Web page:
Price, J. (1997). Handbook of organizational measurement. International Journal of Manpower, 18(4/5/6), 303-558.
Rice, R. E. & Austin, A. E. (1988). High faculty morale: What exemplary colleges do right, Change, 20(2), 51-58.
Rosenfeld, R.A., & Jones, J.A. (1988). Exit and re-entry in higher education. In D. Breneman and T. Youn (Eds.), Academic labor markets and careers (pp.74-97). NY: The Falmer Press, 1988.
Rosser, V. J. (2004). Faculty members’ intention to leave: A national study on their worklife and satisfaction. Research in Higher Education, 45(3), 285-309.
Schuster, J. H., & Wheeler, D. W. (1990). Enhancing faculty careers: Strategies for development and renewal. San Francisco: Jossey Bass.
Schuster, J. H., & Finkelstein, M. J. (2006). The American faculty: The restructuring of academic work and careers. Baltimore: The Johns Hopkins University Press.
Scott, J. A., & Bereman, N. A. (1992). Competition versus collegiality: Academe’s dilemma for the 1990s. The Journal of Higher Education, 63(6), 684-698.
Smart, J. C. (1990). A causal model of faculty turnover intentions. Research in Higher Education, 31(5), 405-424.
Sorcinelli, M. D. (1994). Effective approaches to new faculty development. Journal of Counseling and Development, 72(5), 474-479.
Sjaastad, L. A. (1962). The Costs and Returns of Human Migration. The Journal of Political Economy, 70(5), Part 2: Investment in Human Beings), 80-93.
Stevens, P. A. (2004). Academic salaries in the UK and US. National Institute Economic Review, 190(1), 104-123.
Sutton, T. P., & Bergson, P. (2001).Faculty compensation systems: impact on the quality of higher education, Eric Digest, Eric Clearing House on Higher Education, Washington D.C.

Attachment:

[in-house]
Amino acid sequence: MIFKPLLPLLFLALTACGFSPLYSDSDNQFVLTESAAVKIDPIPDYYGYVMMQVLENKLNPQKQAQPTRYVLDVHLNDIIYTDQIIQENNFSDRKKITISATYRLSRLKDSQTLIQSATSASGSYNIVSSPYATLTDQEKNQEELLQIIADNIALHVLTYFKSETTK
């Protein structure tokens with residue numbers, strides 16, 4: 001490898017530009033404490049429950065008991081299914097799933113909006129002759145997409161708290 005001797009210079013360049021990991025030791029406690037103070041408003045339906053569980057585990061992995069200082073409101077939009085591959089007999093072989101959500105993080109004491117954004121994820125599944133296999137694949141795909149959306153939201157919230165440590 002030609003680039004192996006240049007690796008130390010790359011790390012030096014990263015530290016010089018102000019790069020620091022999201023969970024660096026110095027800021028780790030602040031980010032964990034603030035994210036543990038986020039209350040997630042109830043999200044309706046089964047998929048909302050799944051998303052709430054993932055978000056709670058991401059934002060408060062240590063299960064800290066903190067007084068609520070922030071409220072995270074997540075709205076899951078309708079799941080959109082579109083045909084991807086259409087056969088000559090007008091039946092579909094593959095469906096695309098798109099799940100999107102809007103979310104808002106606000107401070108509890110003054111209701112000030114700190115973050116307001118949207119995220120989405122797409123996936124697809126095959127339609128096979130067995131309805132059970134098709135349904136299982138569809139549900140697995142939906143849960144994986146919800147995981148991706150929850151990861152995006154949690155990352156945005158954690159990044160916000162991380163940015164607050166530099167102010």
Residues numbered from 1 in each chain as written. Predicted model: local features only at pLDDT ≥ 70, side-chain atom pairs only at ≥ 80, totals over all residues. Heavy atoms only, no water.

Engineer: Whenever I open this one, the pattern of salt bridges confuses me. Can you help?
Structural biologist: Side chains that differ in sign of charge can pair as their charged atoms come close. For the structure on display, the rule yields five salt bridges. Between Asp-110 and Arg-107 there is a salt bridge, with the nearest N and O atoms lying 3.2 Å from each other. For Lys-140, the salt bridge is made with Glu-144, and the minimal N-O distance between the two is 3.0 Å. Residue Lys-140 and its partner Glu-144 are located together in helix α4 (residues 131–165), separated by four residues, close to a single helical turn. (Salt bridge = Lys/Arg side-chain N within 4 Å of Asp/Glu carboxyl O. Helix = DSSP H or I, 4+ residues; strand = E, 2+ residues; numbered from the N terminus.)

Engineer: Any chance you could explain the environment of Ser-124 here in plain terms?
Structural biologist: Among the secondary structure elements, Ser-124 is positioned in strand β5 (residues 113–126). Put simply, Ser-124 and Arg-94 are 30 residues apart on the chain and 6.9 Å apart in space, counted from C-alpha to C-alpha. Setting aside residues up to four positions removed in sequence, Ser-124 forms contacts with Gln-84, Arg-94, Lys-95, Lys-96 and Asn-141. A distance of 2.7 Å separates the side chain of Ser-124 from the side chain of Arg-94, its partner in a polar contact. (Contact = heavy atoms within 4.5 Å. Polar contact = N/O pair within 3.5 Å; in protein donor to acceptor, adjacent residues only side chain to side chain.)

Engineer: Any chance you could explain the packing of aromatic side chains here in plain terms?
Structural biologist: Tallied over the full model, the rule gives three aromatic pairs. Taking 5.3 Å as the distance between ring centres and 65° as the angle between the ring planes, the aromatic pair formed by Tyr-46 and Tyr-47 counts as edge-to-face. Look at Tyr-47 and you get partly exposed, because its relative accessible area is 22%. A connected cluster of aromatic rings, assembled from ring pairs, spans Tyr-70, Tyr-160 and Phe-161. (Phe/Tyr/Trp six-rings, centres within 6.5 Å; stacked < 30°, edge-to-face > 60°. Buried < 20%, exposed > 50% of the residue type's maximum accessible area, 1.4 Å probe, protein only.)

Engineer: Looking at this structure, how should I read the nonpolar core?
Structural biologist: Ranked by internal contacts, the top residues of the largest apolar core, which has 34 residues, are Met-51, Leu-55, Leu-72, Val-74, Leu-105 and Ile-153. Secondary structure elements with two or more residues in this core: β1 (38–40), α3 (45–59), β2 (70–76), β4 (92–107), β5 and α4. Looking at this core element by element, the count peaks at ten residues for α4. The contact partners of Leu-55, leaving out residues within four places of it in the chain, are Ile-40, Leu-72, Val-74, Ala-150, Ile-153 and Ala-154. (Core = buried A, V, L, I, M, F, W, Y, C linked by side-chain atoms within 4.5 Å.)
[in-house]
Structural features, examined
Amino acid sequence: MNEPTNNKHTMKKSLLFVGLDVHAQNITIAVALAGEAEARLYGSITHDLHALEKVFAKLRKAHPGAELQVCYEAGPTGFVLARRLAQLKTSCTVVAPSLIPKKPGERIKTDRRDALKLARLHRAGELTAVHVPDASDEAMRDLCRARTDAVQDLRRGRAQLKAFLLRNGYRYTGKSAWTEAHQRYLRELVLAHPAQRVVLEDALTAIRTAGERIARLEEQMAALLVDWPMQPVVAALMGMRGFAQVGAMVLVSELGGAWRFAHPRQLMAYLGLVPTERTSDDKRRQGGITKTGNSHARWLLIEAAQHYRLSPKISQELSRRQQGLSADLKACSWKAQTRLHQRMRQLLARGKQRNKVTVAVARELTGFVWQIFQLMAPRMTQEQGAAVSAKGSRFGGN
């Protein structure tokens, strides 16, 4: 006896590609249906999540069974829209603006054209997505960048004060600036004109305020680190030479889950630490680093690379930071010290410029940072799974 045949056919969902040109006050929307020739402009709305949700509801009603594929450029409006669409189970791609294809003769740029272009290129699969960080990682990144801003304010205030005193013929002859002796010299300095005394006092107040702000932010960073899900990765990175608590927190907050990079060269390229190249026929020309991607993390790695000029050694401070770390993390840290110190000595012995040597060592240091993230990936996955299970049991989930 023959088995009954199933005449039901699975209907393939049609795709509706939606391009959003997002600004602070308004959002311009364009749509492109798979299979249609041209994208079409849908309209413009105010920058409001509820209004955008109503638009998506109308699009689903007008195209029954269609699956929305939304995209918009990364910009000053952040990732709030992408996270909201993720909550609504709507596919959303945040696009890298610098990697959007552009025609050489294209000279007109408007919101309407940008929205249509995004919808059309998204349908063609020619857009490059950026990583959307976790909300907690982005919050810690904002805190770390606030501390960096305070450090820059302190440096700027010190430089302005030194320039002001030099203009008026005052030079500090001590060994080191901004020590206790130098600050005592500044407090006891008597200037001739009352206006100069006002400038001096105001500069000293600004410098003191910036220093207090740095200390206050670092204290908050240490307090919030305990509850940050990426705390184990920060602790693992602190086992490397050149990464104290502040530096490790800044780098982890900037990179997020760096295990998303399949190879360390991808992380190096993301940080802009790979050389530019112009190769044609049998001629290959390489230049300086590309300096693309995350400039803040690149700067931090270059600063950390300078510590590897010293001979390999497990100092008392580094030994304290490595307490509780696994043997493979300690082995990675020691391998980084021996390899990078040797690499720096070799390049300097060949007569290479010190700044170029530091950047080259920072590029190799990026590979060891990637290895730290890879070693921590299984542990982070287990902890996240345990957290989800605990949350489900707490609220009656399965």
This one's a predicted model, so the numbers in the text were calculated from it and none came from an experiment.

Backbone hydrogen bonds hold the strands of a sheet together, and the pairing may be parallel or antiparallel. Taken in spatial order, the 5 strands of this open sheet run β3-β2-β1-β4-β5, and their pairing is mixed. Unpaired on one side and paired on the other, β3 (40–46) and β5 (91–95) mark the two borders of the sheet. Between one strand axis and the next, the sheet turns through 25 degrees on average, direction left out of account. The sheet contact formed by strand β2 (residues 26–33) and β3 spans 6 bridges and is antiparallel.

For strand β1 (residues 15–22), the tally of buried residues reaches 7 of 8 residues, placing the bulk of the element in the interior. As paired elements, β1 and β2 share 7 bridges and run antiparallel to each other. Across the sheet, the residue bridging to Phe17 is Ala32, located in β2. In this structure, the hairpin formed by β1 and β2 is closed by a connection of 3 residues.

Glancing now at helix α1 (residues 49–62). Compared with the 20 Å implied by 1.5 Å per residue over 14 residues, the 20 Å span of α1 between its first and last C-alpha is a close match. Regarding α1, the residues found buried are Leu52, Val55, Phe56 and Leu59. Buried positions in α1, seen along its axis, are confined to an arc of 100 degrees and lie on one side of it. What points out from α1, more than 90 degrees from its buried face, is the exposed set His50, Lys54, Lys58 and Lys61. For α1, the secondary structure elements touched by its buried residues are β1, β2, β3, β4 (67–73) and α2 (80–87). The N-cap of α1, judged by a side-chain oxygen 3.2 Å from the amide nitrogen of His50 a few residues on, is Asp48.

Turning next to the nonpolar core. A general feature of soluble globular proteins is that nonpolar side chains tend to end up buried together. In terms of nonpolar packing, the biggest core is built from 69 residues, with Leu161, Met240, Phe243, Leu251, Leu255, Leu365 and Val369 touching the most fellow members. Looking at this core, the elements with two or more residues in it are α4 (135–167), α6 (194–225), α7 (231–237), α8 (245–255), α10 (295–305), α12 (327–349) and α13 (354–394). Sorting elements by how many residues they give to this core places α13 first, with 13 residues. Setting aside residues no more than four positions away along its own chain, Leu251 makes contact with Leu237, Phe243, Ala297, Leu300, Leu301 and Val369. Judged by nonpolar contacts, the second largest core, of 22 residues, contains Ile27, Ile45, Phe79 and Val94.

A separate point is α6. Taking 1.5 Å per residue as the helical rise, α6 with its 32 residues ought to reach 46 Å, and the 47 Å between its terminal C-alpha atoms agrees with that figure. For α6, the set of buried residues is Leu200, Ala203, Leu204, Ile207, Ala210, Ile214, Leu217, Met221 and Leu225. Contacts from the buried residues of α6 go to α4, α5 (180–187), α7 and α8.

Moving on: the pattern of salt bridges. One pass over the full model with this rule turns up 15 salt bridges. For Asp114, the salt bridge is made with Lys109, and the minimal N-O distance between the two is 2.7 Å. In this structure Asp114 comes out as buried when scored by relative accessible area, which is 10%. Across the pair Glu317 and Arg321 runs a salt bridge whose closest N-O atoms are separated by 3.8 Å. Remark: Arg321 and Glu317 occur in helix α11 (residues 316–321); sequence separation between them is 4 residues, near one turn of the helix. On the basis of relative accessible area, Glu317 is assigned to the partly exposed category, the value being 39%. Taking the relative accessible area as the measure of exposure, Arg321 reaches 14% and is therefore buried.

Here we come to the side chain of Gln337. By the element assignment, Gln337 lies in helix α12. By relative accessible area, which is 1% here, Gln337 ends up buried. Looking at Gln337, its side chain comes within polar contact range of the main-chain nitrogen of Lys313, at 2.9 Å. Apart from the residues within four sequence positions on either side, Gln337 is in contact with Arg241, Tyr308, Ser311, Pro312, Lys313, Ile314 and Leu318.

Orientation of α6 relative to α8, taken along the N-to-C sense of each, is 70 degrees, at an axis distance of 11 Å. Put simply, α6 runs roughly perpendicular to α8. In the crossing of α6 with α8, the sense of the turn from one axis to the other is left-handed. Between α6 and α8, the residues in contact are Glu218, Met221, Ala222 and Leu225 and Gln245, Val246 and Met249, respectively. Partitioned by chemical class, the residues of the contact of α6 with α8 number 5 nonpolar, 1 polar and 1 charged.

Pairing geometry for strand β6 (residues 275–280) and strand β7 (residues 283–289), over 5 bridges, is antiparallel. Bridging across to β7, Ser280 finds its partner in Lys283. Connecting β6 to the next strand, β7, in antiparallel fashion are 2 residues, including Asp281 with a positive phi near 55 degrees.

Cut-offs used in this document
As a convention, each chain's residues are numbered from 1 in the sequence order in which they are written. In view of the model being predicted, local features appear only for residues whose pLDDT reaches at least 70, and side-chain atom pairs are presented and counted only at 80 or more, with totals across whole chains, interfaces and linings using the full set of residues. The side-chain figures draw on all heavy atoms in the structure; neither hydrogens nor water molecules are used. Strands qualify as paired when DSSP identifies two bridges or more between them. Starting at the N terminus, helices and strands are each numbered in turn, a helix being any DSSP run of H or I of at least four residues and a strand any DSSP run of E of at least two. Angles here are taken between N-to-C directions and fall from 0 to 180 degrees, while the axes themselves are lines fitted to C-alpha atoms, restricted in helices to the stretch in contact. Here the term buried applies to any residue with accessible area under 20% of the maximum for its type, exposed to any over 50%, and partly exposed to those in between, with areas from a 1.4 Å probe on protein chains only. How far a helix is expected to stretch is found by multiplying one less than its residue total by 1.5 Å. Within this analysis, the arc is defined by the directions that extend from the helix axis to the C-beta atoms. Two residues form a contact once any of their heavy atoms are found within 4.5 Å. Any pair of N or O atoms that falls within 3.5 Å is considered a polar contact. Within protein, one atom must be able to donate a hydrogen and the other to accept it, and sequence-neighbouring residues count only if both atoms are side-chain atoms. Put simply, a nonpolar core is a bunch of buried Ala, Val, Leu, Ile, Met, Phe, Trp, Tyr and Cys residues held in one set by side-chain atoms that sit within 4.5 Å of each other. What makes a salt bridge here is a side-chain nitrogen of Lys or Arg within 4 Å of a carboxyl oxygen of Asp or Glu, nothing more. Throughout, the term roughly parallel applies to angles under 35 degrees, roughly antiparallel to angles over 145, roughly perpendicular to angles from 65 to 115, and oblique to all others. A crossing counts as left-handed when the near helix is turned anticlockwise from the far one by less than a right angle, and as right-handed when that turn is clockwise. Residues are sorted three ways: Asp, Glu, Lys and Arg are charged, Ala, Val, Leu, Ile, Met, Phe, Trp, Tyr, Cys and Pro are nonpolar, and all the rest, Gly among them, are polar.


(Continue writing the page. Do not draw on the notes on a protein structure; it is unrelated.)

Texas Higher Education Coordination Board (2001). Faculty turnover and retention: a summary of faculty exit survey at Texas public universities, health–related institutions, and technical colleges.
Trotman, C., & Brown, B. E. (2005). Faculty recruitment and retention: Concerns of early and mid-career faculty. Research Dialog, 86, TIAA-CREF Institute, University of North Carolina.
Universities and Colleges Employers Association (2005). Recruitment and retention in higher education. London: author.
Universities UK (2007). Talent wars–the international market for academic staff.
Wallin, D. L. (2003). Motivation and faculty development: A three-state study of presidential perceptions of faculty professional development needs. Community College Journal of Research and Practice, 27(4), 317-335.
Walker, H. E. (1992). Faculty incentives for research. SRA Journal, 24(1), 9-23.
Weiler, W. C. (1985). Why do faculty members leave a university? Research in Higher Education, 23(3), 270-278.
Wergin, J. F. (2001). Beyond carrots and sticks: What really motivates faculty. Liberal Education, 87(1), 50-53. Retrieved January 29, 2009, from Professional Development Collection database.
Zhou, Y. & Volkwein, J. F. (2004). Examining the influences on faculty departure intentions: A comparison of tenured versus nontenured faculty at research universities using NSOPF-99. Research in Higher Education, 45(2), 139-176.
Xu, Y. J. (2008). Faculty turnover: Discipline-specific attention is warranted. Research in Higher Education, 40(1), 40-61.